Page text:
The gamma, luminance and colour temperature were all pretty much as they were in the High Bright preset. The colour accuracy was however a bit worse with dE average of 2.9 and maximum of 7.0. The black depth was 0.12 and although contrast ratio had dropped a little to 912:1, it was still very good.

 


NEC PA231W - Default Settings, sRGB

 

Default Settings, sRGB

luminance (cd/m2)

55

Black Point (cd/m2)

0.06

Contrast Ratio

917:1

 

There is an sRGB preset mode available for the screen as well. On the bigger models, this served as an emulation mode for the smaller colour space, helping to restrict the gamut of the otherwise wide-gamut panels. In this instance, the backlighting is already standard gamut, so this sRGB mode doesn't do the same thing. It does actually change the colour space a little though if you compare the above CIE  diagram with those from the high bright / full modes. The coverage in greens and along the green > red edge is reduced a little compared with the other modes.

 

The main noticeable difference to the naked eye is the big drop in luminance. The OSD brightness setting had changed from 50% to 21.4% when entering this preset. Our colorimeter measured luminance down at only 56 cd/m2. With a black depth of 0.06 cd/m2, this gave us a contrast ratio of 917:1. Again very good and only a little less than the high bright preset. Colour accuracy was fairly good on average as well with dE average of 2.5 and maximum of 6.2, although not as good as the high bright mode again.

 

 

Calibration Results

 

I wanted to calibrate the screen in each of the main preset modes to determine what was possible with optimum settings and profiling. I use the LaCie Blue Eye Pro colorimeter and software package to achieve these results and reports.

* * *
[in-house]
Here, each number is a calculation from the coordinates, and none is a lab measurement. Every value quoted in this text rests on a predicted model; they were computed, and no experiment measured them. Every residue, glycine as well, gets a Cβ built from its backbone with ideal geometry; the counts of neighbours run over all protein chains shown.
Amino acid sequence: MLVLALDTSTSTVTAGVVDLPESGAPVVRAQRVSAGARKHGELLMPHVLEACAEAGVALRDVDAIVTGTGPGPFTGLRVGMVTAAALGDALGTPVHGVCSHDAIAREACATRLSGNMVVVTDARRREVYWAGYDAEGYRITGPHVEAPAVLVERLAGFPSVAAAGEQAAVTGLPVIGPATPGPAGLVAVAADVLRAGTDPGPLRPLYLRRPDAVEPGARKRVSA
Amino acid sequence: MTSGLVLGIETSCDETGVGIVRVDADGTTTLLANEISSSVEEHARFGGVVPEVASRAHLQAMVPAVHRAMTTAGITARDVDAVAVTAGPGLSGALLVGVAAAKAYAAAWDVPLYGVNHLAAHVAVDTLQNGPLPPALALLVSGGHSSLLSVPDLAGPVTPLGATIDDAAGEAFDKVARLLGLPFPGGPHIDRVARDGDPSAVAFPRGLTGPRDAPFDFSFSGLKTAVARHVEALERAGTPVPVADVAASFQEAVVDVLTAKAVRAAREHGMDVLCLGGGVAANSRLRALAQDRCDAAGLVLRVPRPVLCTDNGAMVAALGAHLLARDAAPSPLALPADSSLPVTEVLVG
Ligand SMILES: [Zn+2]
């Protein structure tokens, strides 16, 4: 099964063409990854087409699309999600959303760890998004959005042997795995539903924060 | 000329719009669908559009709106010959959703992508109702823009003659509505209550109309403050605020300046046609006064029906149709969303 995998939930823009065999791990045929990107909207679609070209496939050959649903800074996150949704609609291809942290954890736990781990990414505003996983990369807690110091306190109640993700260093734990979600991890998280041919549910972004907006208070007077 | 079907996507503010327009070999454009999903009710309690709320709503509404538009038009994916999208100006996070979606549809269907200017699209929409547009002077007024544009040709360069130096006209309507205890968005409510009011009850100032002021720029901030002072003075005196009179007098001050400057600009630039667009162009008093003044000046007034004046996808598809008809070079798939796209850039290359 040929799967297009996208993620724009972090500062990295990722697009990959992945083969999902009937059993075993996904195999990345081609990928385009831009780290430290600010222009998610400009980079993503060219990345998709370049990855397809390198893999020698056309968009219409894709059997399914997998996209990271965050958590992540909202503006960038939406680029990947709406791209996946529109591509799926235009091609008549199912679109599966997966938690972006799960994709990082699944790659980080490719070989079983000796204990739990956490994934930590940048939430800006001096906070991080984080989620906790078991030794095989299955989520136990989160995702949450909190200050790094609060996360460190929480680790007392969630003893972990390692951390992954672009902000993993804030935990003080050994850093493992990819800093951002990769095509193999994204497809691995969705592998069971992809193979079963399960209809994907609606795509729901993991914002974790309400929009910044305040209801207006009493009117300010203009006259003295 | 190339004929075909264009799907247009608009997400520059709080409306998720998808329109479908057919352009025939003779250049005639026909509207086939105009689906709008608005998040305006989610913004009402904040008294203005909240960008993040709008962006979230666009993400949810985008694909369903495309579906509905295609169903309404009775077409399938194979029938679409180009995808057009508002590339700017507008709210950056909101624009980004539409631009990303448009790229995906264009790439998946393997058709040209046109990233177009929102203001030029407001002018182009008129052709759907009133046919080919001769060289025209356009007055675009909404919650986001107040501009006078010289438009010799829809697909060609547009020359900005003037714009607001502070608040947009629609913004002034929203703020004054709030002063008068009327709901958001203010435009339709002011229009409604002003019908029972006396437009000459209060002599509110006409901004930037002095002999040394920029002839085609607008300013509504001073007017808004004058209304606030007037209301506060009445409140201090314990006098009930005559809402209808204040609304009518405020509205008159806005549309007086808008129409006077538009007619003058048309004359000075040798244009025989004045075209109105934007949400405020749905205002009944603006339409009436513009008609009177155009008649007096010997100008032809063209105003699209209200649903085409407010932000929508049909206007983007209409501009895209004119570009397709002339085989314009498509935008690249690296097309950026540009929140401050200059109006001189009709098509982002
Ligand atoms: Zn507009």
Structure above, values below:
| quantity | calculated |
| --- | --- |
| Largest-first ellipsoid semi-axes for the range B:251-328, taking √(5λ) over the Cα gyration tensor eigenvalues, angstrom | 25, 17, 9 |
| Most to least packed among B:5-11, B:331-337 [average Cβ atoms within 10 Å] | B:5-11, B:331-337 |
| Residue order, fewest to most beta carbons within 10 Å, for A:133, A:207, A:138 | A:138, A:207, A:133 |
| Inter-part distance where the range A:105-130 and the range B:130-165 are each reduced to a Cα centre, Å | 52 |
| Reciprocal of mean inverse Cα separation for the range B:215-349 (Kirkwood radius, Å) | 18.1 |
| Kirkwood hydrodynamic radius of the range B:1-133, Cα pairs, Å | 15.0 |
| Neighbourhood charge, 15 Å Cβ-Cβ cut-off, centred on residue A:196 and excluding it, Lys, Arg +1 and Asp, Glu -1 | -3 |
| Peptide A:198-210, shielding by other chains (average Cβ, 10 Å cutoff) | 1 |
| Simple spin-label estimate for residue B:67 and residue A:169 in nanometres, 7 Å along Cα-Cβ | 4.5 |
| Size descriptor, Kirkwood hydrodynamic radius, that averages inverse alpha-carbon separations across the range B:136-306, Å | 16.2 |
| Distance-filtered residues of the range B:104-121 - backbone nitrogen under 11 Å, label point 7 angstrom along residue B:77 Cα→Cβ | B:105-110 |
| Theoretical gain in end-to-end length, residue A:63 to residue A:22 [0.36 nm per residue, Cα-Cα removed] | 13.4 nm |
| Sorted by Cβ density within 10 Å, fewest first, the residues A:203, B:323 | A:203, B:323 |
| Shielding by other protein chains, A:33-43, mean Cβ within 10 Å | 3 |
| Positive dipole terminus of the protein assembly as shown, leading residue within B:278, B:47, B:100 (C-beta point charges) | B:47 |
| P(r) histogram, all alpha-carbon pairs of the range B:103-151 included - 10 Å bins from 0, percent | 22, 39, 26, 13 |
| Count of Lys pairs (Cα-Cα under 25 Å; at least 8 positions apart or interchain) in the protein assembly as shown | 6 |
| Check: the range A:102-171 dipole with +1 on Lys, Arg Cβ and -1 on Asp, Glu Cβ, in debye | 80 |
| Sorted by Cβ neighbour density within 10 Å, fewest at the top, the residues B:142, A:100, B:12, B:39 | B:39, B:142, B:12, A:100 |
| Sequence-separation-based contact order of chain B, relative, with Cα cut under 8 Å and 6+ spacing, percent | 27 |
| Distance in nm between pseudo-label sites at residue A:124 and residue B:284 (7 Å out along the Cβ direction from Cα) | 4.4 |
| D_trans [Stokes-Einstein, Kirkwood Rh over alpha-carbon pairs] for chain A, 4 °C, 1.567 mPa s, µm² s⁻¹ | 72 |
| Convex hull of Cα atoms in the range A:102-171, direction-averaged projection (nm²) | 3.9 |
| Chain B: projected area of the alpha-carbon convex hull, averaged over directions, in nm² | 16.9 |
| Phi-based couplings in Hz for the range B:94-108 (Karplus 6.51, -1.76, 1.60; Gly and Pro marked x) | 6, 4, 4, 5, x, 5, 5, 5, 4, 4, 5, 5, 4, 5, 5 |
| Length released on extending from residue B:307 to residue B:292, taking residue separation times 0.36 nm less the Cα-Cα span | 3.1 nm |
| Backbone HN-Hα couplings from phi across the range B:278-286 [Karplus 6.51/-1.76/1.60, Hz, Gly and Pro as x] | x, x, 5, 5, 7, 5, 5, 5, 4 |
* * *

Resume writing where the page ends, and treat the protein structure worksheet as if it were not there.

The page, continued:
Please remember that these are all software based graphics card profiling "calibrations" as opposed to hardware level true calibration which we will come onto shortly. These are the normal calibration methods we use for our monitor reviews which creates a profile which is activated at a software level in the graphics card. This is more than adequate for most users and is all you really need for nearly all the mainstream monitors anyway. In fact, most don't even have the option for hardware level calibration, so you have to make do with software profiling only. For professional use and high end colour work these kind of profiles, although good, are not acceptable. You need full hardware calibration which can make adjustments at a hardware level and to the monitors extended LUT. This is what the high end professional market need and want from a screen. The PA231W offers the hardware capabilities to do this form of calibration as well, which we will come onto shortly.